The Single Market is interesting because it represents the very essence of the European edifice: a slow construction, made of consensus, which from one step to the next adds up to progress to improve the lives of citizens. I couldn’t detail all the benefits here without having to write a novel! I would simply say that one of the most concrete contributions is to provide Europe with the necessary means to ensure its power in the world. When the European Institutions and the Member States agree to set standards to be followed, in the environmental or industrial fields or in terms of food safety, these are de facto imposed on our partners.
The same applies to the promotion of our values. Because even if the EU is not just about the Single Market, the day-to-day cooperation between its members that it allows also serves to defend our European “way of life”. It is thus a strength for the international competitiveness of our companies and a strength for our trade with the rest of the world. It is easy to understand why the United Kingdom, which has been on its own since it left the EU two years ago, is now finding it so difficult to sign agreements. Isolation is not a weapon of choice in the face of foreign desires…
“At 30 years old, the Single Market remains a fragile structure,
to be consolidated and protected.”
Of course, although the Single Market is undoubtedly one of Europe’s greatest achievements, it obviously needs to be completed, and we are working on this every day in the European Parliament. For example, it is clear that we are still far from having an effective digital market that allows consumers and businesses to buy and sell online easily and with confidence. This is also the case for the movement of services, defence, or the free movement of persons, which, even if Schengen is evolving with the recent entry of Croatia, is not fully optimal.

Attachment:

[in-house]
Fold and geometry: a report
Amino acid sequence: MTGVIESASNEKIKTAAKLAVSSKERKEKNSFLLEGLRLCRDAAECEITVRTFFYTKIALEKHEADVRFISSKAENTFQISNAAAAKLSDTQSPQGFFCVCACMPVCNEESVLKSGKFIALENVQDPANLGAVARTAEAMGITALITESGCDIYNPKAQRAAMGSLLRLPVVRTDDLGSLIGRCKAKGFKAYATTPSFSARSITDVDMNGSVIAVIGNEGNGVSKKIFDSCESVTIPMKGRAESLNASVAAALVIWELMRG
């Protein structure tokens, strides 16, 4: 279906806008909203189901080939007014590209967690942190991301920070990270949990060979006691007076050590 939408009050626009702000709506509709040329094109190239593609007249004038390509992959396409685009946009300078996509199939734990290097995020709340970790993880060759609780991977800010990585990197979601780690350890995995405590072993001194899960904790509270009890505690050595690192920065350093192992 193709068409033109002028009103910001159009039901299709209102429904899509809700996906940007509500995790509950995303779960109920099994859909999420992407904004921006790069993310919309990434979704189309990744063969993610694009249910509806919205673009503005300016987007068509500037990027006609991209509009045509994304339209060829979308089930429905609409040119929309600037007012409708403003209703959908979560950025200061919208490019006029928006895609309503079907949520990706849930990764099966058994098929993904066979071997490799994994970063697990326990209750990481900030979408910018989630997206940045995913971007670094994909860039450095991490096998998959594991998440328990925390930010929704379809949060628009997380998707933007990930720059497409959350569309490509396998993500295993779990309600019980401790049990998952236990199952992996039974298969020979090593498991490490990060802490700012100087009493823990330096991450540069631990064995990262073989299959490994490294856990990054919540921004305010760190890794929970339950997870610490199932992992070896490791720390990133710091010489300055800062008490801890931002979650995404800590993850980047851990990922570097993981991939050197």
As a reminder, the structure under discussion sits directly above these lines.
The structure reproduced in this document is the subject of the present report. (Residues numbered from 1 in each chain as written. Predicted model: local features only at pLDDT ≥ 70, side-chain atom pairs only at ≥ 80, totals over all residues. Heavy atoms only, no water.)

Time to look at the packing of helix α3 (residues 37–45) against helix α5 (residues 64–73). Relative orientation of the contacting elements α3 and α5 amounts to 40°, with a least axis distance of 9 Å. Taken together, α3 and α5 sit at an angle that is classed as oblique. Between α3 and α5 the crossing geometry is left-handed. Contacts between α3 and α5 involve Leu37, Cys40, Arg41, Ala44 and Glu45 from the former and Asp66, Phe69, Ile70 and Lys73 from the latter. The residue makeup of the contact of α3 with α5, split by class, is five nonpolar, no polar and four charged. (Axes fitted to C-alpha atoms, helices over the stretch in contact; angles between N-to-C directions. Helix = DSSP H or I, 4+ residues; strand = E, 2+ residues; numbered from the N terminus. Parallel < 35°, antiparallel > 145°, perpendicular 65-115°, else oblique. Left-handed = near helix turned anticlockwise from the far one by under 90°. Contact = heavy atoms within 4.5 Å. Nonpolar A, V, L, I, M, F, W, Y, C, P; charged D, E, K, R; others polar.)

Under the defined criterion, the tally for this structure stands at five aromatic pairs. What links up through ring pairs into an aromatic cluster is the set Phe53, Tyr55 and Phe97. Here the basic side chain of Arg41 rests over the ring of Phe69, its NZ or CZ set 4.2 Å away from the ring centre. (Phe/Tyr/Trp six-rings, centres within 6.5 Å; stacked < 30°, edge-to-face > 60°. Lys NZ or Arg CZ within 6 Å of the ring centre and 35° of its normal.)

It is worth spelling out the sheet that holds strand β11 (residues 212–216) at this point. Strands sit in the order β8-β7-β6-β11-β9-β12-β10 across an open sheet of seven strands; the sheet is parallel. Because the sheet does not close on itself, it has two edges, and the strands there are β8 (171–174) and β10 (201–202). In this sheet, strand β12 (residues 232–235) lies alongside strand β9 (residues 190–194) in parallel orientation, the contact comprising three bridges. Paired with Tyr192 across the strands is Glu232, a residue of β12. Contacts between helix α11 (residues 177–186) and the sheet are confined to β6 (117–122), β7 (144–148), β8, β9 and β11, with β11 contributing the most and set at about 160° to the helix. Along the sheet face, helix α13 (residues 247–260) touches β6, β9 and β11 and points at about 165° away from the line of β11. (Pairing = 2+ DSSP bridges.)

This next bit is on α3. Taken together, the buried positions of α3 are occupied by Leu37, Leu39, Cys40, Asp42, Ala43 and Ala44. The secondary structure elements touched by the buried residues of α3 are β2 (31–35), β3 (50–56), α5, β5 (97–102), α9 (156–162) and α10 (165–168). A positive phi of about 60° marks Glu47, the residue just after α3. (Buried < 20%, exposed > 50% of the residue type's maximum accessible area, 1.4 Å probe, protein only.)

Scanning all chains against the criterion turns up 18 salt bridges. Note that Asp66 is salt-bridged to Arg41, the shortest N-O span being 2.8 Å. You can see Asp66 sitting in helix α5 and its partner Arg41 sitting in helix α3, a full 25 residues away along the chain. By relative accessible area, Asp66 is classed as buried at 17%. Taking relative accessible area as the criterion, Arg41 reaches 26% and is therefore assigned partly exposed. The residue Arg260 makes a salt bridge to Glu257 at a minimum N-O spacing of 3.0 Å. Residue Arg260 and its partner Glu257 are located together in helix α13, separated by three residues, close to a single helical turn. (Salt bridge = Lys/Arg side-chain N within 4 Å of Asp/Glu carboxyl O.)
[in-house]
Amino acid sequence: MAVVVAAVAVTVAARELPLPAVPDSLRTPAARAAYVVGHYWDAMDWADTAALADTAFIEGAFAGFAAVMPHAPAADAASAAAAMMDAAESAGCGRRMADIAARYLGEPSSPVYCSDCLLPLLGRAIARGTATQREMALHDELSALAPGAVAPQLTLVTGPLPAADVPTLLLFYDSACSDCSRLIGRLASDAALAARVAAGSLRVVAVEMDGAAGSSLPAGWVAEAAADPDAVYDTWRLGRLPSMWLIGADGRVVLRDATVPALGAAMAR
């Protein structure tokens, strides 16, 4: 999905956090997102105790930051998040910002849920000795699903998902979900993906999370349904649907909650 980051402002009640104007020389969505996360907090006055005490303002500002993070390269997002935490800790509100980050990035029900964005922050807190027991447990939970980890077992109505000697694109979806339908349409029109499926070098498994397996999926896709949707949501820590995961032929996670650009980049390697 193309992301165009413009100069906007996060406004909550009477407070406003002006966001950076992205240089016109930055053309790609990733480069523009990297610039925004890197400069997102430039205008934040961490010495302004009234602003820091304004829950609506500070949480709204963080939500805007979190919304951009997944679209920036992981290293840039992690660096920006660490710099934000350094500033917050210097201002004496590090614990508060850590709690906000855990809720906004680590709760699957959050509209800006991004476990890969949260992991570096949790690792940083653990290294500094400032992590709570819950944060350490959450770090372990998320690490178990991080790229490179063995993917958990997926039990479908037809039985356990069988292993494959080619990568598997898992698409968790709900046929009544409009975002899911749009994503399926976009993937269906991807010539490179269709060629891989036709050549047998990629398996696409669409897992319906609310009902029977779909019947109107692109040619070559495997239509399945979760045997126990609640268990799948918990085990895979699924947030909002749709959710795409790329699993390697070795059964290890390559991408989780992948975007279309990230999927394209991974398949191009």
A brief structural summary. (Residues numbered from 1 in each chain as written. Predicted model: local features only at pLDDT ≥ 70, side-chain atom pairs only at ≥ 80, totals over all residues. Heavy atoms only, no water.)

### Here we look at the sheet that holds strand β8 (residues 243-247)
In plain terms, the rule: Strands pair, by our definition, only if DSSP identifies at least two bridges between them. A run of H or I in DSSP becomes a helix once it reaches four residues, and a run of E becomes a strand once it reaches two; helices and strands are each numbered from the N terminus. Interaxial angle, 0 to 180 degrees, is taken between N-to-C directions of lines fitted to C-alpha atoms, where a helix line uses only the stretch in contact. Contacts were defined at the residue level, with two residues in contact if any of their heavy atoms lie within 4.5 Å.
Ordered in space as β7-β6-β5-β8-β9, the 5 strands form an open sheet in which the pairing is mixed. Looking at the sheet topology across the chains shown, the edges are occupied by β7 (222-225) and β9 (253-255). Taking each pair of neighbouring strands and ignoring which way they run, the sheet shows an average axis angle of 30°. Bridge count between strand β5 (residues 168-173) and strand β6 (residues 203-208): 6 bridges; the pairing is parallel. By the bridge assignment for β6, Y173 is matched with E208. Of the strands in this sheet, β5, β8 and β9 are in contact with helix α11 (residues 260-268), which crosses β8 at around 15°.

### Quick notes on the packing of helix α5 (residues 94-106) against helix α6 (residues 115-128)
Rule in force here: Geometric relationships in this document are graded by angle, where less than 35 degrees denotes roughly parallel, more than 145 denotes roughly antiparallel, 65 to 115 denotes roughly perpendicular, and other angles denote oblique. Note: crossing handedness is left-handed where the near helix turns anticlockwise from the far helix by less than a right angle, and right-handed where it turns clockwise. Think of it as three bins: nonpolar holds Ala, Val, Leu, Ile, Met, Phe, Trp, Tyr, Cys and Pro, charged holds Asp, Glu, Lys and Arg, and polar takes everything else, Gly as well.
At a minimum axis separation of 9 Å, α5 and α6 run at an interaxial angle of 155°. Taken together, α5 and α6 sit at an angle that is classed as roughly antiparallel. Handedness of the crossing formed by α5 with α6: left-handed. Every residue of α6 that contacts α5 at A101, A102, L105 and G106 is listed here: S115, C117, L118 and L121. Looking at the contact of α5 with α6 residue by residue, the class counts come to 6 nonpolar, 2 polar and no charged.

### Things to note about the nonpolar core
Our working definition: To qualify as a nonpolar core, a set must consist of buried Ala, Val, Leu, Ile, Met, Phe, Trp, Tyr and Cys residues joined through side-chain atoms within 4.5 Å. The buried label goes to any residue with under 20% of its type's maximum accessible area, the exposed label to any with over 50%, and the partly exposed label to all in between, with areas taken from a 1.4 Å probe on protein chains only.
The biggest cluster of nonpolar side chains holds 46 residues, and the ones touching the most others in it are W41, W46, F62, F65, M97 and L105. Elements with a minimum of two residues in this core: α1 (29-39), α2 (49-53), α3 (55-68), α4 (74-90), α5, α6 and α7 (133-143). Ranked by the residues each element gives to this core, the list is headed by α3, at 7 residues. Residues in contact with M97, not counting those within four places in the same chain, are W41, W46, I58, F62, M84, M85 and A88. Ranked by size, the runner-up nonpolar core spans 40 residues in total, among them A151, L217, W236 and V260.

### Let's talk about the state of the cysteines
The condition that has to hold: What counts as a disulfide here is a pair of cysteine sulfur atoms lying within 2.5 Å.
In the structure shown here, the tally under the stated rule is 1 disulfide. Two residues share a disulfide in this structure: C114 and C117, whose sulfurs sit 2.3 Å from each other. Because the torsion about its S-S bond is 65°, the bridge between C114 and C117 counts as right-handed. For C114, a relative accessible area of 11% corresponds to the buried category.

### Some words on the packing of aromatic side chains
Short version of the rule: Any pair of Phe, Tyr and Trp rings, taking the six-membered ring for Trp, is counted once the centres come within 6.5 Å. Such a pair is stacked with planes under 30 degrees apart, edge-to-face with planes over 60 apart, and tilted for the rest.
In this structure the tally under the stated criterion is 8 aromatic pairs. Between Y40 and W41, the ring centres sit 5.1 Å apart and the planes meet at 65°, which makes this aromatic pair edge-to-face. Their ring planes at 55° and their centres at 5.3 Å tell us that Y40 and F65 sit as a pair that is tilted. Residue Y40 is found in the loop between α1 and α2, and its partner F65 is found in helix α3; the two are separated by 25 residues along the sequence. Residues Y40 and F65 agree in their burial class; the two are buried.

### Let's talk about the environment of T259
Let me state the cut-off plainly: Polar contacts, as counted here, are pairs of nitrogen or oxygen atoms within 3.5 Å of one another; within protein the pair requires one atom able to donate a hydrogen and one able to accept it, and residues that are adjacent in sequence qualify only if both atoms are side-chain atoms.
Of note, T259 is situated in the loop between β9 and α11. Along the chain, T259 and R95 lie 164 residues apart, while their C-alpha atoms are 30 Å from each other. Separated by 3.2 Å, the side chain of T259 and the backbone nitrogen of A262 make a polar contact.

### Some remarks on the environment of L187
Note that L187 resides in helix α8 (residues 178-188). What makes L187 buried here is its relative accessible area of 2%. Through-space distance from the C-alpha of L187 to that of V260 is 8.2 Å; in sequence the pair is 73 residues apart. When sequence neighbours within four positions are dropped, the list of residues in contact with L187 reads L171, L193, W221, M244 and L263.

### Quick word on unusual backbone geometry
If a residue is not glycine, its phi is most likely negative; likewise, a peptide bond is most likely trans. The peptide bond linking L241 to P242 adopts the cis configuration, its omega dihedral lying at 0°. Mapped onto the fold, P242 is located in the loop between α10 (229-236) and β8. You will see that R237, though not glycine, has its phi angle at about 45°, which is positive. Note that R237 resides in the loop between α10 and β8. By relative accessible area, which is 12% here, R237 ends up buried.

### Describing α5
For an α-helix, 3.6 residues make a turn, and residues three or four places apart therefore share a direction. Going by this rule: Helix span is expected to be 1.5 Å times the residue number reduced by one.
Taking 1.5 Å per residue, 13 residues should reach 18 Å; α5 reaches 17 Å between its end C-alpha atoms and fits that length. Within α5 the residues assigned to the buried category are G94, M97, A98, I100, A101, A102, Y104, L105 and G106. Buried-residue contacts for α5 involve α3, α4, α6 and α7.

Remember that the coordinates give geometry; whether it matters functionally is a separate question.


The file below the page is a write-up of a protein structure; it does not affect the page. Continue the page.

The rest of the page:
And what about the defence of the acquis? On this point, I cannot help but have some concerns about the attitude of many states. Indeed, I am rather distressed to see that, faced with the resurgence of COVID, several countries cannot help but go it alone and impose restrictive measures, without any consultation. Have we learned nothing since the beginning of the pandemic two years ago?
Another even more pressing threat is directly linked to the Inflation Reduction Act (IRA) that the United States wants to put in place in order to distribute massive subsidies to its industry, the effects of which could strongly penalise our companies. Unfortunately, there is a real risk today that European countries won’t agree on a common response strategy. On this subject, the EU cannot move forward at the pace of national protectionist reflexes.
On the contrary, we need to be more competitive, to develop our trade partnerships, and it is also time to change our competition policy. The policy of small steps led by Commissioner Margrethe Vestager is no longer up to the challenge. We need to create European champions, open to the world, and the Commission must work in this direction.
The Single Market, like the freedoms it provides, seems to us to be self-evident, taken for granted. Unfortunately, this is an illusion. At 30 years of age, it remains a fragile structure that needs to be consolidated and protected. In this sense, I can only welcome the desire of the new Swedish Presidency of the EU Council to boost the Union’s competitiveness by deepening the Single Market. This is good news that heralds many more anniversaries.